Fish and Wildlife Service, Interior.
Proposed rule; reopening of comment period.
We, the U.S. Fish and Wildlife Service (Service), announce the reopening of the public comment period for the reinstated proposed rule to list the flat-tailed horned lizard (Phrynosoma mcallii) as a threatened species pursuant to the Endangered Species Act of 1973, as amended (Act). On November 17, 2005, the U.S. District Court for the District of Arizona vacated the January 3, 2003, withdrawal of the proposed rule to list the flat-tailed horned lizard, remanded the matter to us for further consideration in accordance with its August 30, 2005, and November 17, 2005, orders, and ordered us to make a new listing decision by April 30, 2006. Pursuant to the Court's November 17, 2005, order, on remand we “need only address the matters on which the court's August 30, 2005, Order * * * found the January 3, 2003, Withdrawal unlawful, which may summarily be identified as whether the lizard's lost historical habitat renders the species in danger of extinction in a significant portion of its range.” To ensure our new final listing decision is based on the best scientific and commercial data currently available, we are reopening the public comment period on the 1993 proposed listing rule to solicit information and comment regarding the flat-tailed horned lizard's lost historical habitat.
We will accept comments from all interested parties until March 16, 2006. Comments received after the closing date may not be considered in the final decision on this action.
If you wish to comment on the specific issue identified by the District Court in its November 17, 2005, order for remand of the January 3, 2003, withdrawal of the proposed rule to list the flat-tailed horned lizard, you may submit your comments and materials by any one of several methods:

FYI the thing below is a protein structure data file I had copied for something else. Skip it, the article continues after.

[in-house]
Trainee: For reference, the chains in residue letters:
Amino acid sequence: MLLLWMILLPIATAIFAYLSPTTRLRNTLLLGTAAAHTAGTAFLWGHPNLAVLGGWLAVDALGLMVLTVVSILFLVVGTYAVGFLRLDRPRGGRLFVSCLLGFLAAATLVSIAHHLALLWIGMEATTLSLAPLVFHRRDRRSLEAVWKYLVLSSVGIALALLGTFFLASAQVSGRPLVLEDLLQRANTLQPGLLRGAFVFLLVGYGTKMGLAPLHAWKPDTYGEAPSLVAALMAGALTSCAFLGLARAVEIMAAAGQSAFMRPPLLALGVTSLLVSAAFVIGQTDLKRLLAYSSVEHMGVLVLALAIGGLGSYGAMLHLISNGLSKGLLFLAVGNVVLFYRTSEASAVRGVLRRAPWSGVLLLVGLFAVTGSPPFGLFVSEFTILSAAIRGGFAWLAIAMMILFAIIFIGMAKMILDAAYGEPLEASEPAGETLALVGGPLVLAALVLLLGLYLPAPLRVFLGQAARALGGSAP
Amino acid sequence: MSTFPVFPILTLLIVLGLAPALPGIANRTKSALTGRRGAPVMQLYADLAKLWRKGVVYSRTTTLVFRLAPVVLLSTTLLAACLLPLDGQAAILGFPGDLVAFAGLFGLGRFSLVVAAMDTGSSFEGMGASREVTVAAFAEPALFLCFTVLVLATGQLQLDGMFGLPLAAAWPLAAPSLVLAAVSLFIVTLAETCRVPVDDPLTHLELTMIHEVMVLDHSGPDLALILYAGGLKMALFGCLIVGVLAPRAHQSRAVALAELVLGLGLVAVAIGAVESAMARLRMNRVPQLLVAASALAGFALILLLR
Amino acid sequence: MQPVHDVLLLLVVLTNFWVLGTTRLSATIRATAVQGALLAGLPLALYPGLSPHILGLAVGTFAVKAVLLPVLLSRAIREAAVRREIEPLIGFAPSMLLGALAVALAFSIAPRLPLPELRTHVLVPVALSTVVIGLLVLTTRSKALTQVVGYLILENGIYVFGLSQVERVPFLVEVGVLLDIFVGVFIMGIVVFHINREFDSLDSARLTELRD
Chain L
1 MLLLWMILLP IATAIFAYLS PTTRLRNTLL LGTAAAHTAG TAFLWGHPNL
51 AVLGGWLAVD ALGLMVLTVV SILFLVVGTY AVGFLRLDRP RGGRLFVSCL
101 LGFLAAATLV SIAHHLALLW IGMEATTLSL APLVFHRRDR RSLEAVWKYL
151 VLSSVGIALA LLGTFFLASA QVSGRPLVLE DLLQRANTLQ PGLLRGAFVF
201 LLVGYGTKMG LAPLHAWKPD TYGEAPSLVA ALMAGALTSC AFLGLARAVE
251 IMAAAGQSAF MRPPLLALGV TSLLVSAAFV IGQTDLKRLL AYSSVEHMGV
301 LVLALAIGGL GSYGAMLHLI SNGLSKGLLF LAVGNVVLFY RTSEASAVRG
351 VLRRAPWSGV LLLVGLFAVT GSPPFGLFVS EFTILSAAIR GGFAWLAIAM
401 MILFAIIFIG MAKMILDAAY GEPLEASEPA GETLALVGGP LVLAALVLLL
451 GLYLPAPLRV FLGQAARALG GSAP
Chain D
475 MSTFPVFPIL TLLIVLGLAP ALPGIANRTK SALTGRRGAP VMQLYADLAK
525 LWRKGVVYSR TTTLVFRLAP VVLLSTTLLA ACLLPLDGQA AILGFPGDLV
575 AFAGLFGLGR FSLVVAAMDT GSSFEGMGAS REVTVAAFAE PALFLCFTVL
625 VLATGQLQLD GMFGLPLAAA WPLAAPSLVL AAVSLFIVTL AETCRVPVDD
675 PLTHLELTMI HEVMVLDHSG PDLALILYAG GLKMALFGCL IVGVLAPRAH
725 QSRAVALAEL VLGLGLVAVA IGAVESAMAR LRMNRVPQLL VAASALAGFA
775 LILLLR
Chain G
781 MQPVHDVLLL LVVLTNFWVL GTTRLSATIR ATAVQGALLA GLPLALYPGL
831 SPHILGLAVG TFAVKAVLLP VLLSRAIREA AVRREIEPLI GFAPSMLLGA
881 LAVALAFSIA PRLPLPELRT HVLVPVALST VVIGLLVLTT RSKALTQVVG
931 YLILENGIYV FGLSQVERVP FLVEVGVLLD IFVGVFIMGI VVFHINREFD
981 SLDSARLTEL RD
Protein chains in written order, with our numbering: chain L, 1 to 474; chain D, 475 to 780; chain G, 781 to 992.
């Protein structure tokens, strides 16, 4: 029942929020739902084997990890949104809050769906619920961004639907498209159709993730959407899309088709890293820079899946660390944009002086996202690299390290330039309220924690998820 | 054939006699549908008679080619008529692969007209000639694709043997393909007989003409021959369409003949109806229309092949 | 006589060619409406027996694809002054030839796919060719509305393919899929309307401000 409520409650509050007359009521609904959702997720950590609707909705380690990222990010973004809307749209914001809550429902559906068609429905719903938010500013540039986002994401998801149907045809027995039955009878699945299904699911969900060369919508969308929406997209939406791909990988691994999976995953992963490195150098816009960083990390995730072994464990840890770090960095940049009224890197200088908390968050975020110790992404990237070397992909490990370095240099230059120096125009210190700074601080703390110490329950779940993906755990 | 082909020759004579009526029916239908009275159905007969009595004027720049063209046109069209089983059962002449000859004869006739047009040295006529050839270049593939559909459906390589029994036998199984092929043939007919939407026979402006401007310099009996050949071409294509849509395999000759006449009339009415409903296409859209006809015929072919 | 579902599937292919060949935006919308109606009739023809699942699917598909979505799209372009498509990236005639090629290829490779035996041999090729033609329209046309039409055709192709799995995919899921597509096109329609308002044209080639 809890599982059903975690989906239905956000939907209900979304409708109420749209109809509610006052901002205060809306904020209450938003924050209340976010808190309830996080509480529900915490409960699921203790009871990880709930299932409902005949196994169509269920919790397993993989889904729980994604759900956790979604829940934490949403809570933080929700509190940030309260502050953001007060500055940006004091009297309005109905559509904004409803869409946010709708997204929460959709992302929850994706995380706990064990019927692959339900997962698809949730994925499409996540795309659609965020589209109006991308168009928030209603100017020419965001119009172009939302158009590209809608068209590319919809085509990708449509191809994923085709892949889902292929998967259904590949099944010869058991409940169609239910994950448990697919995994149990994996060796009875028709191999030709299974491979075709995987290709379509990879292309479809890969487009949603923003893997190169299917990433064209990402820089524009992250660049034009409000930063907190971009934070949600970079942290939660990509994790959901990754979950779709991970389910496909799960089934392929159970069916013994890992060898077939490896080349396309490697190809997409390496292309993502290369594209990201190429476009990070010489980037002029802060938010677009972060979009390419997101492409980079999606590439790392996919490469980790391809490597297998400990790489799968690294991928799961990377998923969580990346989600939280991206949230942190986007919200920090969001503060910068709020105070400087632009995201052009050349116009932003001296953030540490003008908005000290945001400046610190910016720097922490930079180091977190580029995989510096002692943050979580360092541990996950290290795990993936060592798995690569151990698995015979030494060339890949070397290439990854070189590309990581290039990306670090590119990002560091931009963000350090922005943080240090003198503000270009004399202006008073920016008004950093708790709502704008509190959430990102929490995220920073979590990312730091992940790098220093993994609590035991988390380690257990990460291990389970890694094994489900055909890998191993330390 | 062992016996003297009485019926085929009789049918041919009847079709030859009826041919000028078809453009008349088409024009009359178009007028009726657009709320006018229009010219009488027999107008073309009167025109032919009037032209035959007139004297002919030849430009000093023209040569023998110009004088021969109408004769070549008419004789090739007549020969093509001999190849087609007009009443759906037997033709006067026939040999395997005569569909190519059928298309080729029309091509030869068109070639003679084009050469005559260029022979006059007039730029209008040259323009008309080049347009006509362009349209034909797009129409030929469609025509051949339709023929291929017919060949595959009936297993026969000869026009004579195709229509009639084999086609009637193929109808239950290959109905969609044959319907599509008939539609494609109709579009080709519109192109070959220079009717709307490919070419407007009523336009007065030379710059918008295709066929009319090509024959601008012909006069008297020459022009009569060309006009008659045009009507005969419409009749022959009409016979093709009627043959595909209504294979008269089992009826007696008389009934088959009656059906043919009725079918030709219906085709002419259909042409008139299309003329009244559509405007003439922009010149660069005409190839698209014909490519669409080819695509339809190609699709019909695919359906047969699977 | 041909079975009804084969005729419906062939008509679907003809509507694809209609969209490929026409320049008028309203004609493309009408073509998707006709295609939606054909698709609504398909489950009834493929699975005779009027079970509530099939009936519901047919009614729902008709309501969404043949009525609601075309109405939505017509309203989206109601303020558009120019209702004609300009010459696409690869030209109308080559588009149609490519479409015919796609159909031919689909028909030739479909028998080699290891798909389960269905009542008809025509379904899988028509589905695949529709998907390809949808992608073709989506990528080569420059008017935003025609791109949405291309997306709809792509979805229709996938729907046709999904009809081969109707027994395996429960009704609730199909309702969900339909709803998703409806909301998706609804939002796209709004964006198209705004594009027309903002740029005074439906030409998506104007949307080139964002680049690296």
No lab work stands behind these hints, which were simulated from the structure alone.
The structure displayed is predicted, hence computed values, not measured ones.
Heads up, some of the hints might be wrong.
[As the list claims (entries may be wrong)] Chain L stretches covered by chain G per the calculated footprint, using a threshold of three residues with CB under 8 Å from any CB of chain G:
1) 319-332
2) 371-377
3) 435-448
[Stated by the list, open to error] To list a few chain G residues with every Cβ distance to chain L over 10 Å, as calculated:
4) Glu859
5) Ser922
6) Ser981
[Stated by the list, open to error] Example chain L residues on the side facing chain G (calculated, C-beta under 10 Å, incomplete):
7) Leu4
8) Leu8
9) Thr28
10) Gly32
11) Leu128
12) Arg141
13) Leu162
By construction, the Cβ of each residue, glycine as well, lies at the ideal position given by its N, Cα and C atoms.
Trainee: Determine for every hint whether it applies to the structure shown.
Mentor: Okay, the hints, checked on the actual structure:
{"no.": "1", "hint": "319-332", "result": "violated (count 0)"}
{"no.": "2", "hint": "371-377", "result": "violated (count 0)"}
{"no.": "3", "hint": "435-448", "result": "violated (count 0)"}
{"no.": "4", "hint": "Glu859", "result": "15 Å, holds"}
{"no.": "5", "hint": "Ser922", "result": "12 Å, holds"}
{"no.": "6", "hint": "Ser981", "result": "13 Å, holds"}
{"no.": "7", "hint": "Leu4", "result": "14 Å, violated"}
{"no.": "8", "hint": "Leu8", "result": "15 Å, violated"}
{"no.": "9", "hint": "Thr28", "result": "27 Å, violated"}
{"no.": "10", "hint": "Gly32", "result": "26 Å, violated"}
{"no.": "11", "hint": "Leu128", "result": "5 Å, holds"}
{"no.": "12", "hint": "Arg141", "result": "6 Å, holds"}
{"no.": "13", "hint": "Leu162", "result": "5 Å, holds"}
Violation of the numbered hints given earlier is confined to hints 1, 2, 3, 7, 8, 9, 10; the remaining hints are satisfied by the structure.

1. You may submit written comments and information to Jim Bartel, Field Supervisor, U.S. Fish and Wildlife Service, Carlsbad Fish and Wildlife Office (CFWO), 6010 Hidden Valley Road, Carlsbad CA 92011.
2. You may hand-deliver written comments to the CFWO, at the address given above.
3. You may send comments by electronic mail (e-mail) to fw8CFWOcomments@fws.gov. Please submit Internet comments in ASCII format and avoid the use of special characters or any form of encryption. Please also include “ATTN: Flat-Tailed Horned Lizard” in your e-mail subject header and your name and return address in the body of your message. If you do not receive a confirmation from the system that we have received your Internet message, contact us directly by calling our CFWO at phone number 760-431-9440. Please note that this Internet address will be closed at the termination of the public comment period.
4. You may fax your comments to 760-431-9624.
Our practice is to make comments, including names and home addresses of respondents, available for public review during regular business hours. Individual respondents may request that we withhold their home addresses from the rulemaking record, which we will honor to the extent allowable by law. There also may be circumstances in which we would withhold from the rulemaking record a respondent's identity, as allowable by law. If you wish us to withhold your name and/or address, you must state this prominently at the beginning of your comment. However, we will not consider anonymous comments. We will make all submissions from organizations or businesses, and from individuals identifying themselves as representatives or officials of organizations or businesses, available for public inspection in their entirety.
Comments and materials received will be available for public inspection, by appointment, during normal business hours at the CFWO at the above address.Start Further Info
FOR FURTHER INFORMATION CONTACT:
Jim Bartel, Field Supervisor, at the above address, by telephone at 760-431-9440, or by facsimile at 760-431-9624.End Further Info End Preamble Start Supplemental Information
Public Comments Solicited